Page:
the rim. Raef couldn't corral the errant ball and the Nets would
have had two of their own but for the C's defense.
Because they weren't moving as fast, the baskets became harder to make,
and the Nets had a chance to get back into the game. Remember, a
couple of minutes into the third quarter, the Nets had scored only 27
points. By the end of the third, they had scored 47 points
overall. Boston would only put up 17 points in the third
quarter. Byron Scott was smiling. The score was now 65-47,
and Boston's large lead was becoming a distant memory.
The Celtics continued to slow down. I have no reason to justify
or excuse it. They were playing their second game in three days,
both at home. Everyone was rested. They were probably
bothered with Pierce having to take the bench, but better that than
risk a more devastating injury. It was a preseason game.
Everything favored the C's taking this as a chance to show their
ability to maintain the lead under adversity when there was nothing on
the line but pride.
But the Nets smelled a win in the offing with all the really good
players for both teams on the bench. No Pierce. No
Walker. No running. The Nets had a chance, and they threw
themselves into taking it.
The C's were simply not clicking like they had been through the first
half. Nothing worked, though they brought most of their problems
on themselves by no longer running on offense. Obie tried several
combinations to try to jump start the running, but nothing worked.
In a way--an odd way, I admit--this was good for the Celtics, if
wrenching for us fans. The C's needed to know if they could face
down a serious challenge by a team they had down early on. Could
they win close games when things weren't going right? We were all
about to find out.
Vin Baker got called foul--his fifth, on a clean block--by the ref who
did NOT have a clear view of the play. The ref who DID had no
problem, but didn't overrule.
On one the few nice offensive plays from Boston early on in the final
quarter, Eric Williams made a kind of windmill shot that somehow ended
up in the hoop. Kind of the reverse motion of Pete Townshend on
the guitar. (as all the Backstreet Boys fans say, "Pete Who?",
and we say, "Yes.")
But the joy was short-lived as Vin Baker proceeded to foul out with
6:37 left--necessarily, to prevent an easy hoop. He got a
standing ovation from several fans. It's a testament to his
renewed ability that I was nervous about not having him available.
The Nets continued their offensive assault with official help, and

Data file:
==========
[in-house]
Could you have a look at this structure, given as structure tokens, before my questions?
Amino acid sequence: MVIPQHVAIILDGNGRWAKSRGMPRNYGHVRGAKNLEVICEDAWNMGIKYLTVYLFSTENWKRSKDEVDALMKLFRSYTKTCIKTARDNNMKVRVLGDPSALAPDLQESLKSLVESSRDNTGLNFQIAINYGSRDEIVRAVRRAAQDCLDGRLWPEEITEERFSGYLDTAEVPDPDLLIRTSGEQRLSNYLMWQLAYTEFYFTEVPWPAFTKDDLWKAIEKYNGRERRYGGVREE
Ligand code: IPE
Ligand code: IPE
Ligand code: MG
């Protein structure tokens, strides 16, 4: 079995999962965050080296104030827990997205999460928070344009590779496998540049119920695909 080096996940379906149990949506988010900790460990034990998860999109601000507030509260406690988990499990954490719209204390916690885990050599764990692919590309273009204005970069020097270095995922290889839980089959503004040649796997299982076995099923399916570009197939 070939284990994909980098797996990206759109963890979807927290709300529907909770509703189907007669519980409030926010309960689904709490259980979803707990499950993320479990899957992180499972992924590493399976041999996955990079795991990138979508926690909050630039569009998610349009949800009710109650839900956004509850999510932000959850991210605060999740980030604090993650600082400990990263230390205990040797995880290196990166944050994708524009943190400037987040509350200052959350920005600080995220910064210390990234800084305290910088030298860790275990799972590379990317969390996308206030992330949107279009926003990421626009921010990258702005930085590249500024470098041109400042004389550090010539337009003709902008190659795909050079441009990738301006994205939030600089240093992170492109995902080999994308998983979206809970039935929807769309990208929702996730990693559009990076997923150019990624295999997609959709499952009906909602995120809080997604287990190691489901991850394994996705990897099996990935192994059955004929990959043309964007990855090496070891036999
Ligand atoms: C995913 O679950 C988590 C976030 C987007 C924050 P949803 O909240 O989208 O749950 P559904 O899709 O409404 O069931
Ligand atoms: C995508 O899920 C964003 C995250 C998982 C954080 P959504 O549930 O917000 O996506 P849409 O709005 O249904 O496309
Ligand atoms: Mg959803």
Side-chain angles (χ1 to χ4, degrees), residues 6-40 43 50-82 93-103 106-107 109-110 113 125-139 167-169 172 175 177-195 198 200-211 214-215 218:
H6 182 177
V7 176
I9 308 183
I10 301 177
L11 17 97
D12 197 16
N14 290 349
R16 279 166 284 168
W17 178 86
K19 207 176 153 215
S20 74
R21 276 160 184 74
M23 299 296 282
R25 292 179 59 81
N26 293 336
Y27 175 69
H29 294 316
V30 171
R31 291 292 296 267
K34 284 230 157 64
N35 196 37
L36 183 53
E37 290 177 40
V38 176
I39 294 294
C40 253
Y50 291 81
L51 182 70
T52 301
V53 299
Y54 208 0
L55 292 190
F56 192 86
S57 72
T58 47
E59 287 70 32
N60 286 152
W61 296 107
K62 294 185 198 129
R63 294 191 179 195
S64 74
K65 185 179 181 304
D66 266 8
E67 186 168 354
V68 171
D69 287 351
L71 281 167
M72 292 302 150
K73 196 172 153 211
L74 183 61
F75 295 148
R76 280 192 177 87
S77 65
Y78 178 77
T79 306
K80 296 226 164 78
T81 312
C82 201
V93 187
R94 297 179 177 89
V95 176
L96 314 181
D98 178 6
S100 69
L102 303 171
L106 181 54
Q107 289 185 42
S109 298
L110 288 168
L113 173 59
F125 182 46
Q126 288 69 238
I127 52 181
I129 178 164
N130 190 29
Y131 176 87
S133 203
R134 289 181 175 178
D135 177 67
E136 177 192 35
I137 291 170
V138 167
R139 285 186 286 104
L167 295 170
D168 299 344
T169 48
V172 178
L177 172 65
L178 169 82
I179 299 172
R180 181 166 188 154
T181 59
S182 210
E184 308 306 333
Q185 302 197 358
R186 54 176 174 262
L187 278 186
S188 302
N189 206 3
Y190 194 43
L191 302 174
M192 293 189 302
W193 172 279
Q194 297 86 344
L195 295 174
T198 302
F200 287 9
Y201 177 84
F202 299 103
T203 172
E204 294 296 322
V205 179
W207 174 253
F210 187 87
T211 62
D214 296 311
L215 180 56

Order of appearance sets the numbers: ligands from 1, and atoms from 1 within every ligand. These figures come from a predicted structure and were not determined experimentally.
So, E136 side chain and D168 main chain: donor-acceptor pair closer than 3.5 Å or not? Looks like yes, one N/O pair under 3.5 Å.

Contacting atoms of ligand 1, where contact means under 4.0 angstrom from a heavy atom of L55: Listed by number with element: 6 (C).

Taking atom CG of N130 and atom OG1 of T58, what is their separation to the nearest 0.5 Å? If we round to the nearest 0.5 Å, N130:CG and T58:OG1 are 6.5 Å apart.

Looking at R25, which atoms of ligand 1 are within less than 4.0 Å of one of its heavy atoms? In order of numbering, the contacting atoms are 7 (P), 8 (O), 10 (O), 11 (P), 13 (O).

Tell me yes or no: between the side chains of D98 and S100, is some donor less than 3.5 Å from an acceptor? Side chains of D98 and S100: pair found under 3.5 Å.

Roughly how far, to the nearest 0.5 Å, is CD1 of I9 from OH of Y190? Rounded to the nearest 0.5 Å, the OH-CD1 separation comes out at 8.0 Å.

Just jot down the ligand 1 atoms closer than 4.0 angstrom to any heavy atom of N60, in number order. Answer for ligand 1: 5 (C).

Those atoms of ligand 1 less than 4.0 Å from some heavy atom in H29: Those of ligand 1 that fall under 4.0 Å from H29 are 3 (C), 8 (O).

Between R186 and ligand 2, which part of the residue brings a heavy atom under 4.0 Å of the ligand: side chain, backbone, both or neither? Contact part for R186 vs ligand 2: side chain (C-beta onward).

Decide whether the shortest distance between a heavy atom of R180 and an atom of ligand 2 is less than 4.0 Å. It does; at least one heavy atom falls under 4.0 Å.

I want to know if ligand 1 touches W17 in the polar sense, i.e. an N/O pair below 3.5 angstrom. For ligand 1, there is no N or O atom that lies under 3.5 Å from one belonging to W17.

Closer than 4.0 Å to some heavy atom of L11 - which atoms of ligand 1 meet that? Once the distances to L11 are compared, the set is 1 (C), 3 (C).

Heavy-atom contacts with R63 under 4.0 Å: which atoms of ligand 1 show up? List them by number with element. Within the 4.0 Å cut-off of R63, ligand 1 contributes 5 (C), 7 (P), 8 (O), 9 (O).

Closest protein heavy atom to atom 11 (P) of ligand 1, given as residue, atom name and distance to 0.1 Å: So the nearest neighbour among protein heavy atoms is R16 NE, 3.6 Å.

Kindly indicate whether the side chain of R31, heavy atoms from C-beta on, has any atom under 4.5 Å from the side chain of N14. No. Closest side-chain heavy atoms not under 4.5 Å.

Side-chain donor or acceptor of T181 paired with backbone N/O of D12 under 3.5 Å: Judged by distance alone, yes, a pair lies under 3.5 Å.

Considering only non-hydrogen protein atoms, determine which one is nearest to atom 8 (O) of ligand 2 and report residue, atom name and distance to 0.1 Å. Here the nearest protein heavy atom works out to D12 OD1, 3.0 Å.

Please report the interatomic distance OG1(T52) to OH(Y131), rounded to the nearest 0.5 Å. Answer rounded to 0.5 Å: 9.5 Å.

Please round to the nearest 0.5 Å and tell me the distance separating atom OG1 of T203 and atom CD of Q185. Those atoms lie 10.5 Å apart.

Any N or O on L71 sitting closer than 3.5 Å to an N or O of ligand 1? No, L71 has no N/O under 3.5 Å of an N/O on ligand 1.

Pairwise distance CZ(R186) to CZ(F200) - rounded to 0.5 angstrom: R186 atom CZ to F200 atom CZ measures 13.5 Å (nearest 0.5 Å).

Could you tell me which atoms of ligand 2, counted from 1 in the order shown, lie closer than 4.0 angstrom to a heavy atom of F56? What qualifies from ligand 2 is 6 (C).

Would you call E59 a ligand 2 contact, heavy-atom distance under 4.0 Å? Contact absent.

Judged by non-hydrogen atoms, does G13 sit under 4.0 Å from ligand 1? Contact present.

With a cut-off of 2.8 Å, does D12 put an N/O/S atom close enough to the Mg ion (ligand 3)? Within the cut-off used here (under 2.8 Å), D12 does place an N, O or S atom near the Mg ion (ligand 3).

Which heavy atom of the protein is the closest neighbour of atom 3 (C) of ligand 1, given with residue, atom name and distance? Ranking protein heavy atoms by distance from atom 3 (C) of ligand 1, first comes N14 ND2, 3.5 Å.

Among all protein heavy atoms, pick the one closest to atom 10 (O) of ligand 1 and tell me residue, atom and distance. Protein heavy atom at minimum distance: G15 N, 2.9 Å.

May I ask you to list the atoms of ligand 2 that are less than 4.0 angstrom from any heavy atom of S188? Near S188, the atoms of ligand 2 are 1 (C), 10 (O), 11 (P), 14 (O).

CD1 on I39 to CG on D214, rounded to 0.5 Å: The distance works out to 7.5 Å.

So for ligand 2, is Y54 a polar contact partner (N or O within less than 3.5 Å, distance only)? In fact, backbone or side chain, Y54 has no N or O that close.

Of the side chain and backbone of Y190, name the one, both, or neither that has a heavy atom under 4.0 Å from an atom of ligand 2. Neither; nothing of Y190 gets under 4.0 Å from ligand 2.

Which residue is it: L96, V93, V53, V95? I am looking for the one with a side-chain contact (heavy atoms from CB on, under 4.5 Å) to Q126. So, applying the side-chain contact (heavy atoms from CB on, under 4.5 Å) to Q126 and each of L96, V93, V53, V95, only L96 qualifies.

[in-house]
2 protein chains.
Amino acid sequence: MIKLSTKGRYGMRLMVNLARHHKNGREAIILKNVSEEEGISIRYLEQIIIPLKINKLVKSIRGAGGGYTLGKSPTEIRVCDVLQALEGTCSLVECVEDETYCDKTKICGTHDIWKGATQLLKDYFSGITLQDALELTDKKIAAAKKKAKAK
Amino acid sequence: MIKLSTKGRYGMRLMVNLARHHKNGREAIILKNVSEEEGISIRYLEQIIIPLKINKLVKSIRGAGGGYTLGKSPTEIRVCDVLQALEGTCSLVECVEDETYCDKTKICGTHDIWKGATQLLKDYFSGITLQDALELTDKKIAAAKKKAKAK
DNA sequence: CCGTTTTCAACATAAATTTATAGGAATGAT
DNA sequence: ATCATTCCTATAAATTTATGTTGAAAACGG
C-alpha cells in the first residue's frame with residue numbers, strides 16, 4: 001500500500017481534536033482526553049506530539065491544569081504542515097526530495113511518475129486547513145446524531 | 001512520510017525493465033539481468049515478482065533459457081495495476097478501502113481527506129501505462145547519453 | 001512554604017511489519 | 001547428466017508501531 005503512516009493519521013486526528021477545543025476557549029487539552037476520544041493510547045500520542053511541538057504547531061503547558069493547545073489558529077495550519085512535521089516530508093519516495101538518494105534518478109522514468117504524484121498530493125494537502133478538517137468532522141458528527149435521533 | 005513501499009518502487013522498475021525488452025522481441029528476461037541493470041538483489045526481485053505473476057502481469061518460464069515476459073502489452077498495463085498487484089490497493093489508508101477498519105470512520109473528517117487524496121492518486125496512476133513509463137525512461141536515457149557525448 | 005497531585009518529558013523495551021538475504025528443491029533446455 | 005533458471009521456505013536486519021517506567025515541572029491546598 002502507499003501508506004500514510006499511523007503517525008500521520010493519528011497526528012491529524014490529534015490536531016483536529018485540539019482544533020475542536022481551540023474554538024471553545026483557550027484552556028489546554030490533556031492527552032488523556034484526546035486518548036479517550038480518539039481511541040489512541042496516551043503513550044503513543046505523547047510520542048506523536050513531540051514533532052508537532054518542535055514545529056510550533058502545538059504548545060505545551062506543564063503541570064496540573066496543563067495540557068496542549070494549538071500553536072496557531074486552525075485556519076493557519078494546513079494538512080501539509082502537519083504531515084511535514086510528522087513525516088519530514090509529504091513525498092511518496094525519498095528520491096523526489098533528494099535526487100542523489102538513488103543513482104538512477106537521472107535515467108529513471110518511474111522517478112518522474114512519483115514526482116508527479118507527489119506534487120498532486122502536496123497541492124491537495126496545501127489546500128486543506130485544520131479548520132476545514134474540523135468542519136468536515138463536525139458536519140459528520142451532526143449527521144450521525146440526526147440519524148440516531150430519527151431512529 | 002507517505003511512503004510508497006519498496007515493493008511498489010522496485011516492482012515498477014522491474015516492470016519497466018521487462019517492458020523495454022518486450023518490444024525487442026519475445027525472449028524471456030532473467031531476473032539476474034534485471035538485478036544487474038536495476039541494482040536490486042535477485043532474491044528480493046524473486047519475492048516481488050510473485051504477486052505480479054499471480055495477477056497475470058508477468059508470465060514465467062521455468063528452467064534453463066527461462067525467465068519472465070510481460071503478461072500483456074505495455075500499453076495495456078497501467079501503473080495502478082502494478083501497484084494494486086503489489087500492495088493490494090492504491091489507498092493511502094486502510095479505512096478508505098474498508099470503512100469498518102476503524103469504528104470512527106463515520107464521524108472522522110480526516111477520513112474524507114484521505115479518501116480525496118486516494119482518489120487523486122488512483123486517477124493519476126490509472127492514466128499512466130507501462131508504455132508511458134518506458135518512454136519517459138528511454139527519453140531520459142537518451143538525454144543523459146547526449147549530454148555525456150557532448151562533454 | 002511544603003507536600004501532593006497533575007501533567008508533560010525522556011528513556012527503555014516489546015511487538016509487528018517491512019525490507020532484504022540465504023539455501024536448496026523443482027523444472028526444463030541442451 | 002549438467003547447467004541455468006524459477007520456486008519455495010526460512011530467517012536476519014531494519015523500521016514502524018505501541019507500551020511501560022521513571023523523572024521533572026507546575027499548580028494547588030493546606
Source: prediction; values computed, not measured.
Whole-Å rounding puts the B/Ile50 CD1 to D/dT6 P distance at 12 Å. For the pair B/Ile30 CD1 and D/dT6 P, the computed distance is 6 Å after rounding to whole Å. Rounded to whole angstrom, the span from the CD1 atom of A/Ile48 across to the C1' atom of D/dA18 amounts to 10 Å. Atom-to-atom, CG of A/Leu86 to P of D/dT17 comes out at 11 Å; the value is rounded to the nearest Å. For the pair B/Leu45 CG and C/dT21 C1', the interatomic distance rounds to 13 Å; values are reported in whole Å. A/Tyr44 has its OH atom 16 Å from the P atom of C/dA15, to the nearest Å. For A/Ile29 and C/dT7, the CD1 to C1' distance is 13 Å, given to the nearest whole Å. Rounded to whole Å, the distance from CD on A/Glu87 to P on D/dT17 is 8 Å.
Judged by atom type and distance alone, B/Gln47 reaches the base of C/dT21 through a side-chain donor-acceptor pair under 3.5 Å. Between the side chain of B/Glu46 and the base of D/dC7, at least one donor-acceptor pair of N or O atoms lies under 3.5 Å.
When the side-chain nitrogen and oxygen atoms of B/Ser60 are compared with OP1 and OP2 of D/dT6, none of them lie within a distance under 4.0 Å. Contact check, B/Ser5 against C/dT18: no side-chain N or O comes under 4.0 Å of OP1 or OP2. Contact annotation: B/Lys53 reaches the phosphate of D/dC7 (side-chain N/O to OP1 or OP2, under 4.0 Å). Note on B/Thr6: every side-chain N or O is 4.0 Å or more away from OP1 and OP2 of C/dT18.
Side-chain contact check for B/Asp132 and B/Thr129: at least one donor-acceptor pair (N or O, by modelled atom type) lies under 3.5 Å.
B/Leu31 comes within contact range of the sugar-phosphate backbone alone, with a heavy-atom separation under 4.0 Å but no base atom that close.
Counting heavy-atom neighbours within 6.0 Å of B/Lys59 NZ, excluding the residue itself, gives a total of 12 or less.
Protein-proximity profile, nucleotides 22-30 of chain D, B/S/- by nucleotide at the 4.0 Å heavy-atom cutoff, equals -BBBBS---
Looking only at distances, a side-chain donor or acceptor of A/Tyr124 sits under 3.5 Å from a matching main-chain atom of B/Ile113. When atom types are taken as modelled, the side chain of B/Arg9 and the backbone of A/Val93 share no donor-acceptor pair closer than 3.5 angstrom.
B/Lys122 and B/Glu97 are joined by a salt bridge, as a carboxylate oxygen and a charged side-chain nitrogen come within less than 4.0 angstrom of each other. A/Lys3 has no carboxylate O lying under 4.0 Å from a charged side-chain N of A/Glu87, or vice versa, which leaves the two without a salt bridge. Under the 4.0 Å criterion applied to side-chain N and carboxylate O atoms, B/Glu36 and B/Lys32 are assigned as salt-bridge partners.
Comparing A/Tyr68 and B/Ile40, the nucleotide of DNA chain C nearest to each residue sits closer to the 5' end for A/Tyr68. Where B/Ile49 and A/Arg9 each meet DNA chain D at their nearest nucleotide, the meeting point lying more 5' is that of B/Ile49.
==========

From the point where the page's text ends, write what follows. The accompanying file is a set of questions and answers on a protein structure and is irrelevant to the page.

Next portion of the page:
practiced their free throws. This would become relevant to Boston
later in the game, but with 5:44 left, the lead had shortened
considerably, to 73-63.
Following a timeout, the Nets used free throws to make it a
single-digit spread. Boston continued to slow the ball down on
offense, apparently hoping there wouldn't be enough time for the Nets
to come all the way back. Bad idea. The Nets were the ones
running now. For a moment I was encouraged as Banks made a steal
and a fast hoop for two, but the offensive movement stagnated once more
New Jersey also extended it's pressure on the C's, trying to force a
turnover. I was starting to have nightmares of last season, as
with 3:00 left, the score was now 77-70.
To add to my deepening gloom, Marcus Banks was called for a technical
foul--for no apparent reason--as the camera panned to show a dejected
Paul Pierce on the bench, a large bandage and ice pack obscuring his
After a timeout, the Nets made the "T" throw to make it a 6 point
game. They proceeded to add another basket, and now the score was
77-73 as the C's halfcourt offense got them zip. New Jersey had
the ball with less than two minutes left, but the C's took down the
miss and snuck the ball to Eric Williams for two.
Sad to say, moments later, the Nets got it back. 79-75 with 1:10
left. Tony Battie added a hoop to make it 81-79 with 1:05 left as
Byron Scott called time.
Moments after the timeout ended, New jersey got much too easy a hoop as
the C's defense fell apart on the play. It was now 81-77 with 50
seconds left. A Celtic miss gave the ball back to the Nets with
25.3 seconds left as they added another two points. Kedrick Brown
was instantly fouled, with the score now 81-79 with 24.3 seconds
left. Kedrick went to the line to shoot two. He made them
both smoothly. Timeout was called with 24.3 seconds left, and the
score now 83-79.
After the timeout, the Nets had the ball once more and this time the
C's defense made them waste time, and forced a turnover with 14.6
seconds left. Mike James was quickly sent to the line to shoot
two. His first shot was no good, bouncing high off the back of
the rim. The second went through the hoop cleanly. New
Jersey called another timeout with 14.6 seconds left and the score now
Time came back in, and the Nets got the ball inbound fairly easily, and
hit a quick three to make it 84-82. They fouled Mike James once
again, and he stepped to the line for two. This time, his free
throws went cleanly through the net. With the score now 86-82 and
the final 10 seconds ticking down, the Nets had no more timeouts,
running the length of the court. This time, the Celtics defense
held them off, and the Good Guys pulled it out at the last, winning
their final preseason game 86-82, and making their preseason record a
Cookies and Crumbs:
Cookies go to:
The Celtics of the first half for their running game and solid
defensive effort across the board.
Mike James and Kedrick Brown for making crucial free throws.
Crumbs go to:
The Celtics of the SECOND half for NOT running like they did in the
Byron Scott, for refusing to play the game like he wanted to win--until
Pierce got hurt.
While it was good to know that the C's could pull it together without
Pierce, they should have done it with much less difficulty. They
need to work on their passing and, apparently, Obie needs to have
another extra-long practice to emphasize running in the second
half. I saw some good things, and some stuff that needs
work. The percentage of good shots is way up. I'd like to
see the C's convert even more of them.
They play for real next Wednesday at 7pm, against the Miami Heat.
It's going to be an interesting season, no doubt about it.
And that's the view from the doghouse.